“By adopting an unrealistic position – that Iran completely give up enrichment activities without any offer of American security assurances in return – the West is painting itself in a corner. Adamant about not losing face and not coming across as weak, they may further complicate their problematic position by taking military action. We have seen how the military option in Lebanon and Iraq has backfired, and much indicates that it will be even more disastrous if it is used against Iran,” adds Parsi.
The US has not held any form of direct talks with Iran thus far. Its interests in Tehran are represented by Switzerland. No doubt Iran barring IAEA inspectors last week will be cited by the US and its allies at the UN, as they endeavour to draft a tough resolution that will likely put sanctions in place against Tehran and possibly even provide a window for military action in a future resolution.
A military showdown is something Israel is keen to see and is likely to urge the US to execute. “Israel will encourage the US to take military action if the diplomatic track fails. The US will try to act militarily through the UN, but failing that might act alone,” says Yossi Alpher, a former senior official with the Mossad, Israel’s intelligence arm and a past senior advisor to Israeli Prime Minister Ehud Barak.
“A military option is feasible. But it will only delay the Iranian regime’s nuclear program, not end it. Nor will it destabilize the regime in Tehran, quite the contrary. I think four factors will define the time horizon [of a military attack]; progress diplomatically on the UN front, intelligence assessments of Iran’s progress in its military nuclear program (when does it cross a ‘red line’?), the overall security situation in the Middle East; the American situation in Iraq; Lebanon; and American politics: mid-term elections, prospects for the 2008 elections.”
Dr. Meir Litvak of Tel Aviv University also believes it is unlikely that Israel will try and emulate the pre-emptive strike against Iraq’s Osirak nuclear reactor in 1981. “I doubt very much that Israel will take a military action in the near future, precisely because the war in Lebanon did not go so well. The Israeli army would prefer to focus on fixing the problems discovered in Lebanon rather than go at a much more complicated problem such as Iran.”
The prospect of seeing a resolution that authorizes military action though is somewhat slim, largely because of Iran’s strategic friendship with Russia and China. China buoyant industrial growth requires energy and Iran’s proximity means it can obtain oil faster and cheaper. Russia on the other hand has vested economic interests in the country including the energy sector.
“Russia is the key factor in the equation, for China has made it clear they are going to follow Russia’s lead,” says Sadjadpour of the Crisis Group. “If the US and EU are able to get Russia to agree to sanctions I think Iran’s decision making calculus will change. But without Russian support I think European resolve will waver.”
But Russia and China are not the only factor that makes military action against Iran unlikely. Tehran is the fourth largest producer of oil in the world, pumping over 2 million barrels a day. Even if an attack was carried out, which logistically speaking is very difficult because of the distance involved and the size of the payload of bombs used, in addition to obtaining flyover rights from neighbouring countries, an attack on Iran will cause the price of oil, already above $70 a barrel to surge.
“The oil market remains tight in part because of refining problems in part because of actual rebel-induced production cuts in Nigeria and, because of the overall tense geopolitical situation,” says Herman Franssen, president of the US-based International Energy Associates.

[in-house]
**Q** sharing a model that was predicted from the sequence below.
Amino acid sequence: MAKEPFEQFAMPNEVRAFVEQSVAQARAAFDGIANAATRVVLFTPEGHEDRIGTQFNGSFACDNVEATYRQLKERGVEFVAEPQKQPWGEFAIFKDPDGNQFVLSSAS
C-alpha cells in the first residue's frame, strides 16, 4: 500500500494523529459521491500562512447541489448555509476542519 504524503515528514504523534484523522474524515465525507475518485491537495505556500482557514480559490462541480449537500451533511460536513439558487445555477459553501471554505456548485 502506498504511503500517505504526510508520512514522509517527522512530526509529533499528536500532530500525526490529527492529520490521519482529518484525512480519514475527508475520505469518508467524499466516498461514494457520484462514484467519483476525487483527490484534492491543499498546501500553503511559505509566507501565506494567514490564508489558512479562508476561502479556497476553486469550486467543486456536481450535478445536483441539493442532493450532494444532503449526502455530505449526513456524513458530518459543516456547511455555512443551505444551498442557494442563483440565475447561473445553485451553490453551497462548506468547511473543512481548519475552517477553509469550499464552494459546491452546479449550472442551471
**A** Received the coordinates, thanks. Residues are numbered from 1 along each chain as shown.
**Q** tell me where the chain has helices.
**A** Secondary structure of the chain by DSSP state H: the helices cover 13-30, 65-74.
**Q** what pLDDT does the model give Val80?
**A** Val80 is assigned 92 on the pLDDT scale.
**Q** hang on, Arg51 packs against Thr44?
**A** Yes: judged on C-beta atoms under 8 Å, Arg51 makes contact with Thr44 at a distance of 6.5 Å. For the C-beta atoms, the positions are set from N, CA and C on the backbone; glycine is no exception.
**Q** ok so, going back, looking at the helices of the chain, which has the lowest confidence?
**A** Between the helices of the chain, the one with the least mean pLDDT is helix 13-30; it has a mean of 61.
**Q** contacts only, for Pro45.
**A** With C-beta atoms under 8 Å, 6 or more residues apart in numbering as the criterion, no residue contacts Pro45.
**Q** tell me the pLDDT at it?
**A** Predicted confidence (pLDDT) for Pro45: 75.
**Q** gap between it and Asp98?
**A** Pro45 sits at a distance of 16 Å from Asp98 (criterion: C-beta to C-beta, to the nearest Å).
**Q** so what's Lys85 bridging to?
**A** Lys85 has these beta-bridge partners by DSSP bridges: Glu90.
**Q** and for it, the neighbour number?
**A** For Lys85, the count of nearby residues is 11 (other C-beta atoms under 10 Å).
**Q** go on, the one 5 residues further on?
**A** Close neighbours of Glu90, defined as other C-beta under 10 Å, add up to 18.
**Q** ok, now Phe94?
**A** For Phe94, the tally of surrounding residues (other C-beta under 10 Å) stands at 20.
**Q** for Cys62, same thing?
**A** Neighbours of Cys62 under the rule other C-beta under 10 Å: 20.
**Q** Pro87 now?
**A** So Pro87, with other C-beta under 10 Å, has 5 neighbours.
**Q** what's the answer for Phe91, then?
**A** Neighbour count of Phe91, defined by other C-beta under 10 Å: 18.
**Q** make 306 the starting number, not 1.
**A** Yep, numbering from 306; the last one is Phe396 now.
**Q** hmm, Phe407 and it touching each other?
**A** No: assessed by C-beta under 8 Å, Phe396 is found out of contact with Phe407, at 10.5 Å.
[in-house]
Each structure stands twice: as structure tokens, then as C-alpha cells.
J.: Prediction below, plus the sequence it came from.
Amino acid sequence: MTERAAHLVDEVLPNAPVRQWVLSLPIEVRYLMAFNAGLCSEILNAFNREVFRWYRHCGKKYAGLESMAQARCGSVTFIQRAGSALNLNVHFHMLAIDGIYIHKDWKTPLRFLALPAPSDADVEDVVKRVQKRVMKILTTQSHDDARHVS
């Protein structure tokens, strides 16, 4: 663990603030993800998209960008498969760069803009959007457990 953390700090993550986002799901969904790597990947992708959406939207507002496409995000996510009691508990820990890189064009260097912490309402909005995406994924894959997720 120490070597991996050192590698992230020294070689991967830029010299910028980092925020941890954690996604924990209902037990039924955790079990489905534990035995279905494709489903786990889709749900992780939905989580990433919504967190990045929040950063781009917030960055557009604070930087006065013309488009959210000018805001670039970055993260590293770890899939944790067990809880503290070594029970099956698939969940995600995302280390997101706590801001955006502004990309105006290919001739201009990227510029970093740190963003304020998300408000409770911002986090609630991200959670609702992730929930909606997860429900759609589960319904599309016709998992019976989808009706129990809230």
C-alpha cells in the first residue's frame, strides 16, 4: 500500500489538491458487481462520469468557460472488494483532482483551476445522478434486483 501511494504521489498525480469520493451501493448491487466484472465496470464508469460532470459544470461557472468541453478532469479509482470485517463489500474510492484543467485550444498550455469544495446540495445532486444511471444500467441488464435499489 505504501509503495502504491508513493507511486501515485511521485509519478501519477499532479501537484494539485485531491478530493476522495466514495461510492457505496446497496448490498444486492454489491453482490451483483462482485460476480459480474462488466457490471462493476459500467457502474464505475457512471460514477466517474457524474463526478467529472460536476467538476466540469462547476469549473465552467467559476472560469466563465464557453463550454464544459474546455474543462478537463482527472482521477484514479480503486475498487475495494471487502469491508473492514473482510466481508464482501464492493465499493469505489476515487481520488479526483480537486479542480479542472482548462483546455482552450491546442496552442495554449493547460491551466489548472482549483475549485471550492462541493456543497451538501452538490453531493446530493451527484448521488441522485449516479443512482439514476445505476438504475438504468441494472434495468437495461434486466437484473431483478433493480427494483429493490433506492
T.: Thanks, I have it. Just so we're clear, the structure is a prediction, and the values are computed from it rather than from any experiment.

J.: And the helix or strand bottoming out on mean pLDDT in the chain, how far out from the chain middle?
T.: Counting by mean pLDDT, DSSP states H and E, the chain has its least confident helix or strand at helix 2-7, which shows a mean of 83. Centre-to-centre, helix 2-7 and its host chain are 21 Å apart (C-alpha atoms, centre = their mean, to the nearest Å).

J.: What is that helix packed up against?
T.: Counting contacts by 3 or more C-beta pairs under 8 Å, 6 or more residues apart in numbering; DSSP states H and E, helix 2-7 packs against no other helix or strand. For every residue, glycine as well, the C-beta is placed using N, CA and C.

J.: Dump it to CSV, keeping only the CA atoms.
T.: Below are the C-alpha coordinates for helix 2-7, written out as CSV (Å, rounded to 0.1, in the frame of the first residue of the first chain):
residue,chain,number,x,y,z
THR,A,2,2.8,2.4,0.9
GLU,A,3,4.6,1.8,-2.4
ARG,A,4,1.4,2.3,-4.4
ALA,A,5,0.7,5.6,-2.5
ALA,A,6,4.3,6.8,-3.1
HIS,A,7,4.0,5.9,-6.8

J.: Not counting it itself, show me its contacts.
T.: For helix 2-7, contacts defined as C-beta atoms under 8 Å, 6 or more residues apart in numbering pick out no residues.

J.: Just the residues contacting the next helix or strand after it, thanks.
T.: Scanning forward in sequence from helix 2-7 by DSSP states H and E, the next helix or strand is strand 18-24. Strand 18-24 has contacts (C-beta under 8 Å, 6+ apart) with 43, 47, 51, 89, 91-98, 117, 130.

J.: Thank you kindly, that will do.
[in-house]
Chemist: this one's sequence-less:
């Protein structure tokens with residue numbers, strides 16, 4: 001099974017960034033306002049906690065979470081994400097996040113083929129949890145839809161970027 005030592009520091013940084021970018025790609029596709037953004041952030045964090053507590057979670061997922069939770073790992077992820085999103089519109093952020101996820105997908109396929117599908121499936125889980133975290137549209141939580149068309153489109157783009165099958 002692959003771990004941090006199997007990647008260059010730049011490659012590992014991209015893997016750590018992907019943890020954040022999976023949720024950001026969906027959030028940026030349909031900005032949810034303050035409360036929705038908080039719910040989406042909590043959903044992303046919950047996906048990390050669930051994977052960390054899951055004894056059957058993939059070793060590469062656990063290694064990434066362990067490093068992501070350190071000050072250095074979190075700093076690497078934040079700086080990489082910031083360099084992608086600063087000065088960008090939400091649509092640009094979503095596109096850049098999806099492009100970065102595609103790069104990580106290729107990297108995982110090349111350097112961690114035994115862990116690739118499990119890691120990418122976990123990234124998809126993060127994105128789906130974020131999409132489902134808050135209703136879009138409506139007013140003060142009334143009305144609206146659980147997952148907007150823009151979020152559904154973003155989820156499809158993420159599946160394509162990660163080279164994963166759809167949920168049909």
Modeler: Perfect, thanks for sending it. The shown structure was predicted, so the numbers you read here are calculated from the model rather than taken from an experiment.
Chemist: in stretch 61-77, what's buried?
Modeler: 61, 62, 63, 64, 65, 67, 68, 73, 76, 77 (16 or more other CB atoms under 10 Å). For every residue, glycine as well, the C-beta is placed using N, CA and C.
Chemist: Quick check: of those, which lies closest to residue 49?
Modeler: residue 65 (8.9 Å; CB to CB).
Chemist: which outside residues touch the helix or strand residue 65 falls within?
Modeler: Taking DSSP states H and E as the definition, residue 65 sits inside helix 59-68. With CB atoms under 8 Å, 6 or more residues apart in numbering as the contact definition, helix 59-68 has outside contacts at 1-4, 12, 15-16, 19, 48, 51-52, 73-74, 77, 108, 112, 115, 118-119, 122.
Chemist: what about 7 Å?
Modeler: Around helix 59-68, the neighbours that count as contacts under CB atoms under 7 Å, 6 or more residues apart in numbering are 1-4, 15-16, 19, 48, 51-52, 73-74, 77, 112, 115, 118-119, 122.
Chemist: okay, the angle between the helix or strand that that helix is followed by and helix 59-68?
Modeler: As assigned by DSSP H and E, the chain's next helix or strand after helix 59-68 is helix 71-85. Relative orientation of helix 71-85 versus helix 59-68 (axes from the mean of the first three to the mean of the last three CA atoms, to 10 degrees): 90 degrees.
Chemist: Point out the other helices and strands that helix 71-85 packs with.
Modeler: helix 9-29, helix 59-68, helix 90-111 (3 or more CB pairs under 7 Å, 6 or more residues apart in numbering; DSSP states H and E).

If Iran is attacked, Franssen believes Tehran could respond by attacking oil tankers in or close to the Straits of Hormuz, in addition to attacking oil or natural gas facilities in countries allied to the US. This in addition to Iran bringing its own production to halt, “would be sufficient to push oil prices up significantly in the direction of $ 100 a barrel,” says Franssen.
Such an eventuality may also unravel a much wider conflict according to Wayne White, the former deputy director of the US State Department Bureau of Intelligence and Research’s Office of Analysis for the Near East. “Hezbollah would certainly attack Israel with long-range rockets, but more disturbingly, Iran has easy access to Iraq and would do everything in its power to further destabilize that already shaky situation,” says White.
Should the cracks in the Security Council not come to the fore, a more probable resolution is one that will put in place economic and diplomatic sanctions against Tehran, according to Alani of the Gulf Research Centre. That would prevent VIPs from travelling, and result in the reduction of diplomatic representation. This will be coupled with various forms of economic sanctions. But the effectiveness of these sanctions is questionable. “Iran is already under US sanctions but this was not effective. Any sanctions against Iran have to be selective now,” says Alani.
The Gulf States will have no option but to enforce any resolution that is adopted. They have no option if it is a Security Council resolution. They basically full implemented sanctions against Iraq and they implemented sanctions fully against Libya or Sudan. This is a Security Council resolution and it is not question of yes or no. They have to accept it. They don’t really have any option than to prevent any sanctions fully.
If a resolution is adopted, it is unlikely to comprise of an embargo on Iran producing or exporting oil. Nonetheless, a resolution of any kind, may well elicit an Iranian reaction. If anything, it would be because the mullahs of Tehran wanting to teach the Americans and the Europeans a lesson. “I would not rule out that the Iranians would do that because they can live ten days or two weeks without exporting oil. They have a good financial position and they will do that just to show that they are able to react,” says Alani. “There is no spare capacity with the Saudis. The only thing the Americans have as an option is to release their reserves, which are about 375 million barrels.”
Alani believes the Iranian aim first and foremost is to acquire nuclear capability, but that essentially the dooms day scenario being tabled by Israel that Iran is months away from becoming a nuclear power is highly exaggerated and that ultimately the Iranians may be delayed in their efforts but they won’t be permanently impeded.
“They will have the bomb like the Pakistanis at the end of the road. But the problem is that if you leave them alone they will produce sooner rather than later,” he says, adding, “The question of enrichment and the question of a secret militarised programme, I think the Iranians will take the challenge to the last minute. This is a chicken game and about who will jump first.”||**||